The Last Wild Food

Alice Waters
Late Summer 2007

More than anyone else, Lulu Peyraud has guided my thinking about choosing and cooking fish. I first met her in the mid-1970s at her winery, Domaine Tempier, only a few miles inland from the small port city of Bandol on the Mediterranean. I was immediately struck by her love of the pleasures of the table and her deep connection to the earth and sea of southern France. All her food is delicious and appropriate to the moment. But nothing expresses her sensibility better than her approach to fish.

Lulu never knows what she is going to make until she has been to the market. She arrives just as the boats come in. The fishermen dump their catch onto outdoor tables under a canopy of plane trees: Fish jump around, crabs try to crawl back to the sea. If the catch is particularly plentiful and guests are expected for a special occasion, Lulu may decide to make a bouillabaisse, the celebrated Provençal fish and shellfish stew. She will buy tiny rockfish, small lobsters, shore crabs, grouper, mussels, anglerfish and any of a dozen other varieties prized on the Provençal coast. Back at the winery, she places an enormous copper cauldron over a fire of vine cuttings near the garden. The guests gather around and watch as, in well-rehearsed order, she adds potatoes, onion, fish and, finally, shellfish. Then we move to long tables under the trees set with mortars of rouille to stir into the stew. Lulu’s bouillabaisse is a pure expression of the sea and her exact place on the planet.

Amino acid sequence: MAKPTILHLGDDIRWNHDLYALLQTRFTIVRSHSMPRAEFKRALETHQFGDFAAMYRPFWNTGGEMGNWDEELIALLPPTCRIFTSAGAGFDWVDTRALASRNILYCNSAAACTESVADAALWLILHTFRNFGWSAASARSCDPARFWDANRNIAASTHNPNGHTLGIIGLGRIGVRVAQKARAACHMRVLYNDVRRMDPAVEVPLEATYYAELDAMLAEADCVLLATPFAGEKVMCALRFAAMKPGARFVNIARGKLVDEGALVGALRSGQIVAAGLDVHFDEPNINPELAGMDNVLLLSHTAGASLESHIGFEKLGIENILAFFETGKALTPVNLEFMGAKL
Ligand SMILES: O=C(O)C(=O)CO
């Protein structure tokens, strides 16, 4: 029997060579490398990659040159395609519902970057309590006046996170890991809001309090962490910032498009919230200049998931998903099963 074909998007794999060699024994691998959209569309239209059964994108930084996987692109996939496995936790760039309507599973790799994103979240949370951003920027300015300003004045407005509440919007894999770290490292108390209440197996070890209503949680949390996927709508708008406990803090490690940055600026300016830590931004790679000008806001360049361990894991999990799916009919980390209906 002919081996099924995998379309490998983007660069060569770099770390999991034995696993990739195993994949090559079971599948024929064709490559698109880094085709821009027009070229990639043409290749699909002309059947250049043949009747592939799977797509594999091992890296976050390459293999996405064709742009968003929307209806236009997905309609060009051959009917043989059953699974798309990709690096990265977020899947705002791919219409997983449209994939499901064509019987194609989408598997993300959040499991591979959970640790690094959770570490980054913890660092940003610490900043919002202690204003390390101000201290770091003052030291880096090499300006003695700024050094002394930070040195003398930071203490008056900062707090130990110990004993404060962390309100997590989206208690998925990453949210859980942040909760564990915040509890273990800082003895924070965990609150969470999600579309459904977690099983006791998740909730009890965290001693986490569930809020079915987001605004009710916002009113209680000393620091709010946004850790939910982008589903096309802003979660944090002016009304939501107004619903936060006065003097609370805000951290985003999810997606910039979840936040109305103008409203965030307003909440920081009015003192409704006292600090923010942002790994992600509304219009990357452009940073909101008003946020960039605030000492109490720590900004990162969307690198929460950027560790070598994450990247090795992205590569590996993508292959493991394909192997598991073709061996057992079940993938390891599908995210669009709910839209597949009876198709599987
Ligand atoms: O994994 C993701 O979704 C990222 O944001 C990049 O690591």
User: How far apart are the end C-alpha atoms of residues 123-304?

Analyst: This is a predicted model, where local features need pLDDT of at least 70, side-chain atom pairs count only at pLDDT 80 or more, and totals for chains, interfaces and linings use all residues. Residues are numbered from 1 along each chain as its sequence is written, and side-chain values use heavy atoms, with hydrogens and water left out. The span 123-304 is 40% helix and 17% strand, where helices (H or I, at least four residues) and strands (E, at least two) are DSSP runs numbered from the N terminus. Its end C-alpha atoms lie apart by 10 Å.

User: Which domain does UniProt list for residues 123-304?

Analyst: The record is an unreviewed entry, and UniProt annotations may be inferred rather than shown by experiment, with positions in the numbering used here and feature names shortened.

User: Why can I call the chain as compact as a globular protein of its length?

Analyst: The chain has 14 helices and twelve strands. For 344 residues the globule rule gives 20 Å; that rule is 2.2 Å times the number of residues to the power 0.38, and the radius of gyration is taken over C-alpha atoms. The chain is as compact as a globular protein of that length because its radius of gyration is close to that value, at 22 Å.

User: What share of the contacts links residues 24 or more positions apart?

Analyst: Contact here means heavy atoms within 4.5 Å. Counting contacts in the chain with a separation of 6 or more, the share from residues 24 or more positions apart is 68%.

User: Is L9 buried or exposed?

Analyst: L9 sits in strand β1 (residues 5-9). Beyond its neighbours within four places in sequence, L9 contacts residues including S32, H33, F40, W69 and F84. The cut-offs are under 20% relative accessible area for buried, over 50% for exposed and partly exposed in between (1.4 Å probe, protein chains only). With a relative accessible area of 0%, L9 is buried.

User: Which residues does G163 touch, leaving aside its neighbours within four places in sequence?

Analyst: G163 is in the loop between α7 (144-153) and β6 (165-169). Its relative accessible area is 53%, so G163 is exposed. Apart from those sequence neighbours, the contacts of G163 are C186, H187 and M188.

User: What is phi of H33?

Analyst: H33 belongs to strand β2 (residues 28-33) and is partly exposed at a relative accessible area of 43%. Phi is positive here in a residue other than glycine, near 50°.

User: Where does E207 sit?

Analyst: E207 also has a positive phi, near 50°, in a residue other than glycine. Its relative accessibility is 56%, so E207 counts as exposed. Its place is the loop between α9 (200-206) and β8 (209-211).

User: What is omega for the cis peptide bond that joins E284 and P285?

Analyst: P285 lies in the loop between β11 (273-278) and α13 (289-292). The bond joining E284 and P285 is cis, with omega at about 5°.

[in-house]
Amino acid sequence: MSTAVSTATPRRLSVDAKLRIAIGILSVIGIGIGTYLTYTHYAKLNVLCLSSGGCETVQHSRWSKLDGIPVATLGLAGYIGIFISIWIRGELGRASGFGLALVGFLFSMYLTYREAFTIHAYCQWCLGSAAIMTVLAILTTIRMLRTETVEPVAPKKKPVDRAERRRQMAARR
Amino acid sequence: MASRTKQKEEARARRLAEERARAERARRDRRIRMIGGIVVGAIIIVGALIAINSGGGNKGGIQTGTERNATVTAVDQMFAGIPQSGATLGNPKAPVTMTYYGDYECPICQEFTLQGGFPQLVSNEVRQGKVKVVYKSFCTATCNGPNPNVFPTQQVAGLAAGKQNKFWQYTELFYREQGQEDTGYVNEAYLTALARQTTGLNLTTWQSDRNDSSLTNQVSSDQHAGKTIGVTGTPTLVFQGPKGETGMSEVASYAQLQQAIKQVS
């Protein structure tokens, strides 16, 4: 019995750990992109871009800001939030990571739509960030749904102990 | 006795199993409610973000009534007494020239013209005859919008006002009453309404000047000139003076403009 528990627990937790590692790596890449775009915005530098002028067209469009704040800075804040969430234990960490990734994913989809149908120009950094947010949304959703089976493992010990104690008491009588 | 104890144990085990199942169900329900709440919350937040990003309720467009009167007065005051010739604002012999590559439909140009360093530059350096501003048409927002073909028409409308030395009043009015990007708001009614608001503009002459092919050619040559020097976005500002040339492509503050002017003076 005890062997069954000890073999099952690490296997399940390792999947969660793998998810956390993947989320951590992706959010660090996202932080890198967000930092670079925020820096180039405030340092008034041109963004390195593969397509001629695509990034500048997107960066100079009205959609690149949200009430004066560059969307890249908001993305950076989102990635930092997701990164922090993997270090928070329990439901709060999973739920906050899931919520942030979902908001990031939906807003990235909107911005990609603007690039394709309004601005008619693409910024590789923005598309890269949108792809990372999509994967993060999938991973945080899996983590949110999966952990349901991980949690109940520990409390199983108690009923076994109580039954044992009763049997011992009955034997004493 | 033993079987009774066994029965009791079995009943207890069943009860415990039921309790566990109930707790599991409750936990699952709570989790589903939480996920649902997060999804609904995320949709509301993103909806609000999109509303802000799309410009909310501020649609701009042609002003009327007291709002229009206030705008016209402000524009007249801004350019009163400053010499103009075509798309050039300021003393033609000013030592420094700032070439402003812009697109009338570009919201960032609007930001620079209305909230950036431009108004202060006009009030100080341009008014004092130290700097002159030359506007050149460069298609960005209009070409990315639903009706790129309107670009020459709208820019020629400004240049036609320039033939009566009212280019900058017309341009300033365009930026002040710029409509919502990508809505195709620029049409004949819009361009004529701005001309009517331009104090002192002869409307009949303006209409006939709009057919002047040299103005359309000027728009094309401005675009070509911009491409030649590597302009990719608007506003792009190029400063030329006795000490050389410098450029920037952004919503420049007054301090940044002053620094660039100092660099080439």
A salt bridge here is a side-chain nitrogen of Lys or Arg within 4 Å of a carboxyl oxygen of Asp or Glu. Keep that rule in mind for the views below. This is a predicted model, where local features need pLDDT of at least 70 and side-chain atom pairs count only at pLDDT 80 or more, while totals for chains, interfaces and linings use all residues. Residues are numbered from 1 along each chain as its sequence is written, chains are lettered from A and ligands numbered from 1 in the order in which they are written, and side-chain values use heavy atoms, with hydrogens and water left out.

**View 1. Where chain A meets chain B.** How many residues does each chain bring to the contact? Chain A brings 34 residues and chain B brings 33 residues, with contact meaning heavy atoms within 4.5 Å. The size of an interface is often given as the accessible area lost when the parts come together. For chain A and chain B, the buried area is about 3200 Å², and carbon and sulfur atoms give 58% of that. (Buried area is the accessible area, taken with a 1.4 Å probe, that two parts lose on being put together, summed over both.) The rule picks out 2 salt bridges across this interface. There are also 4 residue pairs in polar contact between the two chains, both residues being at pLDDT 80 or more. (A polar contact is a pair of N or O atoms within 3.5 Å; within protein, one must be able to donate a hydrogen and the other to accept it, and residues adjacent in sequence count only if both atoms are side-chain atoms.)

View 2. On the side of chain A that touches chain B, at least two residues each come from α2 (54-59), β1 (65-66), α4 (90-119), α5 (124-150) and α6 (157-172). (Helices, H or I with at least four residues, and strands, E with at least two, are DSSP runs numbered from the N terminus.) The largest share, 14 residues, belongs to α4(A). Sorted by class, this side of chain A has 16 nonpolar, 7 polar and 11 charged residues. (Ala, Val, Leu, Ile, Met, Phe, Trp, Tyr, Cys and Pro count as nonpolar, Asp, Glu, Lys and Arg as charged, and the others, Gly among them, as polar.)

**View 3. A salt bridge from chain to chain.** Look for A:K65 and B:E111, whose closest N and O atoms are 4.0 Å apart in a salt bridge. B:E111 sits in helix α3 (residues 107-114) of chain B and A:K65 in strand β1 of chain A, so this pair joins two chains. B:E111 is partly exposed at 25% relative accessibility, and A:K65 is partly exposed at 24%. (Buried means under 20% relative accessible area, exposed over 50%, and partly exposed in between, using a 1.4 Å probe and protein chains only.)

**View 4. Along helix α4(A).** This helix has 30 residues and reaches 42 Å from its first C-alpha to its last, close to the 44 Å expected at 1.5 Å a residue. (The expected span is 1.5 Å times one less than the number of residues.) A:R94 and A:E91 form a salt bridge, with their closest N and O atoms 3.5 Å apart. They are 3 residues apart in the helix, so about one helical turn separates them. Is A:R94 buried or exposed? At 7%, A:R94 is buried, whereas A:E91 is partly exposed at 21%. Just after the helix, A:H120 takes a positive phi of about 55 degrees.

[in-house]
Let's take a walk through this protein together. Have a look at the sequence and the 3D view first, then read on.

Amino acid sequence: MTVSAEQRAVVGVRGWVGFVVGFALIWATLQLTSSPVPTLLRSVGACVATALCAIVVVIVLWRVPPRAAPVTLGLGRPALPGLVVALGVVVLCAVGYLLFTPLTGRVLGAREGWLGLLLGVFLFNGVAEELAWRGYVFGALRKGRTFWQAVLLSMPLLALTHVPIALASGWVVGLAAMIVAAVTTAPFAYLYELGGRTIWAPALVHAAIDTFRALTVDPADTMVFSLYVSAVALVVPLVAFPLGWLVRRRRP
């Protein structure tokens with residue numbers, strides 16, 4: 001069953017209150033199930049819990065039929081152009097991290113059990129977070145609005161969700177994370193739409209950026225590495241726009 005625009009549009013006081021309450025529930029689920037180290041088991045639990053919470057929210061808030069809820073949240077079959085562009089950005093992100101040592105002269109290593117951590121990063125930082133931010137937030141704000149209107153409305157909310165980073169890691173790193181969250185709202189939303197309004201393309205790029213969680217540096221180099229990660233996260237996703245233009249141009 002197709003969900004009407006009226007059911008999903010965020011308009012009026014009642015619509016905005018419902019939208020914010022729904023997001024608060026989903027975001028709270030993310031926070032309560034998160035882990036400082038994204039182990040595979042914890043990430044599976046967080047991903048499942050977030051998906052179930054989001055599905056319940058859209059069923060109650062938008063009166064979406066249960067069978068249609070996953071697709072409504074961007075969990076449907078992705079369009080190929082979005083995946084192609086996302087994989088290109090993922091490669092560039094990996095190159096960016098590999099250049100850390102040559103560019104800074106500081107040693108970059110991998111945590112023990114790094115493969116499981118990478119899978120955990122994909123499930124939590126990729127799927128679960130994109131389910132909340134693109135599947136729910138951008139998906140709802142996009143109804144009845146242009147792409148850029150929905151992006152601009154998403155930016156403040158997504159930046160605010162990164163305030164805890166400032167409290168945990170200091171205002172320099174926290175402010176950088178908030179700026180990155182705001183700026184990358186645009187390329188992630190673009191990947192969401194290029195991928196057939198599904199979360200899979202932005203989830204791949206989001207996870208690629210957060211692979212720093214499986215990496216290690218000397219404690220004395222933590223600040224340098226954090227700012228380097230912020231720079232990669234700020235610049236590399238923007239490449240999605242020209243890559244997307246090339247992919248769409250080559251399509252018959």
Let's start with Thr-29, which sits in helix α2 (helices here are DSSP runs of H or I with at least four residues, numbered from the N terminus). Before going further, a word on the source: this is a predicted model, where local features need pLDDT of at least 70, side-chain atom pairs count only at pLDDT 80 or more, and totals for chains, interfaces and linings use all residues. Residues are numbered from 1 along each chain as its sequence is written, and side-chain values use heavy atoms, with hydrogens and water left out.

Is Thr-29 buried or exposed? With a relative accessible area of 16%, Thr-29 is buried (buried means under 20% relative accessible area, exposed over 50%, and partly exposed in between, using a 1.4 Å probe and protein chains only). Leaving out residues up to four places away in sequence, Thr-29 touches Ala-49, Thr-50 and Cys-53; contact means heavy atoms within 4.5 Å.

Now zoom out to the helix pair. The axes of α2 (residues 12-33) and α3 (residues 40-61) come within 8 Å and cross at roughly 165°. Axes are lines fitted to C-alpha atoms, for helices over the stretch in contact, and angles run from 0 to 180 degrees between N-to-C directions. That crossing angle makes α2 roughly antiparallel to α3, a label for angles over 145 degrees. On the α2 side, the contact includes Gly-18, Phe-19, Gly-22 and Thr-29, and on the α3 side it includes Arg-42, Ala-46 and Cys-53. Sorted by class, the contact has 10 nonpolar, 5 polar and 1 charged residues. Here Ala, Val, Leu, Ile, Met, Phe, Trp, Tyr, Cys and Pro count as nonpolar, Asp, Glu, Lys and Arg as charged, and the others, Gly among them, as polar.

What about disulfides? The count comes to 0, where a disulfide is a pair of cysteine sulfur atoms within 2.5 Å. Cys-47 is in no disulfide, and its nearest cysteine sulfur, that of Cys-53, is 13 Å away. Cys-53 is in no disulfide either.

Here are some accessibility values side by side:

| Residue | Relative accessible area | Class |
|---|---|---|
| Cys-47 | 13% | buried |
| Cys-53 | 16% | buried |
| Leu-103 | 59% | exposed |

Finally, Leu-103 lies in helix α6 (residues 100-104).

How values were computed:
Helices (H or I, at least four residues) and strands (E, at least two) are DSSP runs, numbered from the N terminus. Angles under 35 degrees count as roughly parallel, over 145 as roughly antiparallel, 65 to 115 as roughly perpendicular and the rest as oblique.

Über den Verfasser
Alice Waters, chef, author and proprietor of Chez Panisse Restaurant in Berkeley, California, pioneered a culinary philosophy based on using only the freshest organic products, picked in season.